By Focusing on Relationships, Building Managers Have an Opportunity to Lead With Purpose

Senior advisers resigned. Board members fired. A lawsuit filed by civil liberties activists. Who knew building smart cities could be so hard?

Despite these challenges, just last month, WeWork announced itself as the next tech company that will build the future of cities and buildings. It seeks to use data, artificial intelligence, and other emerging technologies to automate city services and drive business decisions.

In its quest to automate and reduce human intervention, companies like WeWork have an opportunity to learn from smart city initiatives like the above. WeWork can embrace social responsibility and a commitment to relationships. Managers of smart buildings — like those at WeWork — have an opportunity to help not just their tenants build relationships with each other but also engage surrounding underrepresented communities.

By focusing on relationships, building managers have an opportunity to lead with purpose, like the Apples and Southwest Airlines of the world. Instead of simply transacting with their tenants, managers are well situated to advocate for them. By listening and investing in their residents, buildings will realize that one of the most painful problems facing many urban residents is social isolation—not inconveniently located retail. Inclusivity is key here, too, as the most isolated residents tend to have fewer financial and educational resources.

Take WeWork’s existing relationship-building efforts, which have strengthened its brand. 45% of WeWork member companies claim that the company’s relationship-building efforts like workshops, events, and online forums have helped their companies grow. Customers that attribute their successes to and enjoy interacting with brands are more likely to refer them. 84% of potential customers are more likely to trust a referral from a friend. These community efforts, as a result, have improved WeWork’s brand and is an excellent foundation for its future smart building initiatives.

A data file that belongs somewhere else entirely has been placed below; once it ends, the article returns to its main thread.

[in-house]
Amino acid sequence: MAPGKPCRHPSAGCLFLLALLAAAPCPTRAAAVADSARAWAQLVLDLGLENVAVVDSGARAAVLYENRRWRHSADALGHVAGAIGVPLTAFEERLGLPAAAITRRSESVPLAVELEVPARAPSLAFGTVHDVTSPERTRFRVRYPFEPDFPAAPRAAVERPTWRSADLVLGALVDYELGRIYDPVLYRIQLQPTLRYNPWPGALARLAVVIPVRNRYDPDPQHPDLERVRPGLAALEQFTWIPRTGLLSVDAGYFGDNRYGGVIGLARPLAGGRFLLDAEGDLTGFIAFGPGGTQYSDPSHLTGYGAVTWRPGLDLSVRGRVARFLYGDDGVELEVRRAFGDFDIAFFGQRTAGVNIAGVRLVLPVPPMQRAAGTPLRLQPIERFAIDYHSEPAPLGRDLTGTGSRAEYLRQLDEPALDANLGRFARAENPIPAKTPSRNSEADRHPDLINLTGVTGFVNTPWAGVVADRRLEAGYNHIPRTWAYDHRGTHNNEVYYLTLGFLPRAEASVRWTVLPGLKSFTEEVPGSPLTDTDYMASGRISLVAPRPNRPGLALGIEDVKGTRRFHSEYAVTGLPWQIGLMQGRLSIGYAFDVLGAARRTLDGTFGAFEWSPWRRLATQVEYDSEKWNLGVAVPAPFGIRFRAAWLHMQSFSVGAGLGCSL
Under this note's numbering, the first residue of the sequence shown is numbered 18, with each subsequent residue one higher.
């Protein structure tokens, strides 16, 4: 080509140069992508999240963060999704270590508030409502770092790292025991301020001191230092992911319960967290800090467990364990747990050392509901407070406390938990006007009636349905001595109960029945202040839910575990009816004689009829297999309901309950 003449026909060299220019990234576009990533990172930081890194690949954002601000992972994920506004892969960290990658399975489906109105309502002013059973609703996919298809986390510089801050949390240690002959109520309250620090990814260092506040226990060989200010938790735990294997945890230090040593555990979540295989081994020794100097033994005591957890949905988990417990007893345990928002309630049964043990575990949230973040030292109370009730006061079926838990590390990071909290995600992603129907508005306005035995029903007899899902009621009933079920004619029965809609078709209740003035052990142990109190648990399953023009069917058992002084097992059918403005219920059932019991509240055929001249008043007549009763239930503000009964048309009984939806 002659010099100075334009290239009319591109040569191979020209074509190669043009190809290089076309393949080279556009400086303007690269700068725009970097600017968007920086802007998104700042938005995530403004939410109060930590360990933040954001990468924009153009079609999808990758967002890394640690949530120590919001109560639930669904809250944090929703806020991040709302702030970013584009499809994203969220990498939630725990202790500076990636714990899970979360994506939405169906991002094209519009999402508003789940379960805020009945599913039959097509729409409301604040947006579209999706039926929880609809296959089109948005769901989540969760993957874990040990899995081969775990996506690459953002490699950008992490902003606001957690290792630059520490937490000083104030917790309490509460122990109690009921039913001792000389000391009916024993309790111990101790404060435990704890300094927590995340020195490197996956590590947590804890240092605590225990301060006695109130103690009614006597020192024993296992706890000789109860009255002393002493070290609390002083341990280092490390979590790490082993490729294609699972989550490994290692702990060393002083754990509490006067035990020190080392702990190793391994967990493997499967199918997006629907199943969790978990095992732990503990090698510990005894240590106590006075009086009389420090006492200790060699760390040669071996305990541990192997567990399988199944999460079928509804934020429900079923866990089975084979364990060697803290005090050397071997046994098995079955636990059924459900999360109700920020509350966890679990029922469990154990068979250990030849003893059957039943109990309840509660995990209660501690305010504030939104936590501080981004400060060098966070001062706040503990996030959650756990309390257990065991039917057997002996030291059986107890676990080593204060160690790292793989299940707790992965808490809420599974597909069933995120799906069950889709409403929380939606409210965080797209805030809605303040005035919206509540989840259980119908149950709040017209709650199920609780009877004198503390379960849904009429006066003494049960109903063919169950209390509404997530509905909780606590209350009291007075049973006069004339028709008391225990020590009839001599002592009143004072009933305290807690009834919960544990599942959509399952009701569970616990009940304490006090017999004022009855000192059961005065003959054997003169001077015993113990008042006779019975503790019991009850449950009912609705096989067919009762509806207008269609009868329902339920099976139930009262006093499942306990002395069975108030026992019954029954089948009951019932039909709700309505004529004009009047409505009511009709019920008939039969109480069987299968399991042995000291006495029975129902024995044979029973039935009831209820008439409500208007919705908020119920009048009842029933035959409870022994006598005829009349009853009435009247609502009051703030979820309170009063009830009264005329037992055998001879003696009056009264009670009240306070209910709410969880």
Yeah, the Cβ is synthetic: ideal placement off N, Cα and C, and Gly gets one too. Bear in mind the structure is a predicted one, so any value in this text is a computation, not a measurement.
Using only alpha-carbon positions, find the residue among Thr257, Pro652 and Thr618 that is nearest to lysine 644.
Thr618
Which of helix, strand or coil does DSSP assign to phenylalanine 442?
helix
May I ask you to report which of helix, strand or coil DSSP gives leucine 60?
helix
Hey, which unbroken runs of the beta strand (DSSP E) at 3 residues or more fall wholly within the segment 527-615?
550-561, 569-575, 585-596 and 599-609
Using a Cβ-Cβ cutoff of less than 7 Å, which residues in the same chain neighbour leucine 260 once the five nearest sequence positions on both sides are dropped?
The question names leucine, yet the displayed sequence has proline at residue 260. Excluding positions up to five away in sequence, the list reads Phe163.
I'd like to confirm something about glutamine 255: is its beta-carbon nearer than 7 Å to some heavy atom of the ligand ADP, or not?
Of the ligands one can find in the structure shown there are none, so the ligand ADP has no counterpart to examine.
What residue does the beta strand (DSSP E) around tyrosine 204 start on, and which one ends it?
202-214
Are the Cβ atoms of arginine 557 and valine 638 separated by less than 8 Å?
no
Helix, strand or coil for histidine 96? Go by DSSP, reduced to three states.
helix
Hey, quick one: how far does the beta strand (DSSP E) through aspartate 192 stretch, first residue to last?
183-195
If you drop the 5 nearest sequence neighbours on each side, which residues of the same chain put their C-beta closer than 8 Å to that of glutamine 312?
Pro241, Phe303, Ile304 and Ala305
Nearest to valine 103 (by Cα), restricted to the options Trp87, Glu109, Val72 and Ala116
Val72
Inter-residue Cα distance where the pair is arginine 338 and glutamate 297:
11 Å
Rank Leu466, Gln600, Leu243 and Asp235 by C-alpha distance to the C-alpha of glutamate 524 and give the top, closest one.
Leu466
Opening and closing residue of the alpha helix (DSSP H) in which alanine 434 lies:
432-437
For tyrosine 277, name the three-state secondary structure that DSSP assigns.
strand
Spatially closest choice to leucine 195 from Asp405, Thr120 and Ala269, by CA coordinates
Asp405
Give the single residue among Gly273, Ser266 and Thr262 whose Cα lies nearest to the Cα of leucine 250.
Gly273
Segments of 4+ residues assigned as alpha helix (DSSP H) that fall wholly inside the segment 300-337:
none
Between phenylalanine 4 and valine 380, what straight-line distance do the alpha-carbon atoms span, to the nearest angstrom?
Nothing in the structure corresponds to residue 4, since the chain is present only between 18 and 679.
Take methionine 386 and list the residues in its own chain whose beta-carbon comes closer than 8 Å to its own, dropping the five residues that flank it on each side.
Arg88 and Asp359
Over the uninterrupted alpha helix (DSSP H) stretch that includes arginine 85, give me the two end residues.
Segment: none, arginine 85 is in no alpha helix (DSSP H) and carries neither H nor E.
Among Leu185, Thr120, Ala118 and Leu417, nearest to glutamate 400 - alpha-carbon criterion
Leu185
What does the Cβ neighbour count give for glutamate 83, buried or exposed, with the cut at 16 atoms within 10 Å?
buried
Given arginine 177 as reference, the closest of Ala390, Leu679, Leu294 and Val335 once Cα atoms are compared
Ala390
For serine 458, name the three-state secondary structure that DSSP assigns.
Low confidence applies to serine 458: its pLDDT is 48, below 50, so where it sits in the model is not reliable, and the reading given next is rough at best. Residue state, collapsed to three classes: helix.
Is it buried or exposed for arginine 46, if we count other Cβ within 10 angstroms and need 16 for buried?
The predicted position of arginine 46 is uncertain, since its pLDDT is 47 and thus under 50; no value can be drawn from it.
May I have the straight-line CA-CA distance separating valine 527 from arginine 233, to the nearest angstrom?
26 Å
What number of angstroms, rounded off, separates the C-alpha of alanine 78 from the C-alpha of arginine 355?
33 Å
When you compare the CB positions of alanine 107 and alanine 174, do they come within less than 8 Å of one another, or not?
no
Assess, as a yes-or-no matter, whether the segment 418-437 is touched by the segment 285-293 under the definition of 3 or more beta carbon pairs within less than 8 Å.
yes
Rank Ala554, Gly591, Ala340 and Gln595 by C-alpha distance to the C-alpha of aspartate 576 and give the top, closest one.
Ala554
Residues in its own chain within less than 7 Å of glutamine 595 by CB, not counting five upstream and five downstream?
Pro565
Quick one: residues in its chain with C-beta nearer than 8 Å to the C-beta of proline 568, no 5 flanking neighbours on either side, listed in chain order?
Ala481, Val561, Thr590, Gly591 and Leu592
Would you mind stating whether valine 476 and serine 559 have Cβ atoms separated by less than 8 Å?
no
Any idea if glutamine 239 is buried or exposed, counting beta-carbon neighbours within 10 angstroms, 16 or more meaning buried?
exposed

While leadership is hard, building managers have a growing number of tools to place inclusive relationships at the heart of their brand. These ideas come from both successful multifamily buildings and other companies using sensitive data to serve their customers. Smart companies view relationships, especially one built on ethics and trust, as an emerging competitive advantage. We cover five strategies in turn.

Design community-oriented housing that is affordable-by-design

One of the best ways to foster community is to create housing that is affordable-by-design. Affordability allows more people to live in a space, increasing opportunities for social connection among people of all backgrounds.

Take Starcity, one innovator making San Francisco rentals more affordable. By creating smaller bedrooms and sharing common spaces like kitchens, Starcity claims it’s been able to add “three times” more rental units than traditional apartment rentals. More people per square foot means lower rents, greater diversity, and ample opportunities for community-building.  

A key way of increasing affordability is to help residents share space using design. Buildings can learn from several “co-living” startups making this a reality, such asStarcity, Padsplit, and Ollie. For instance, Ollie uses furniture that allows rooms to be used for multiple purposes. Padsplit converts larger units into multiple ones, allowing more people to share space and save money.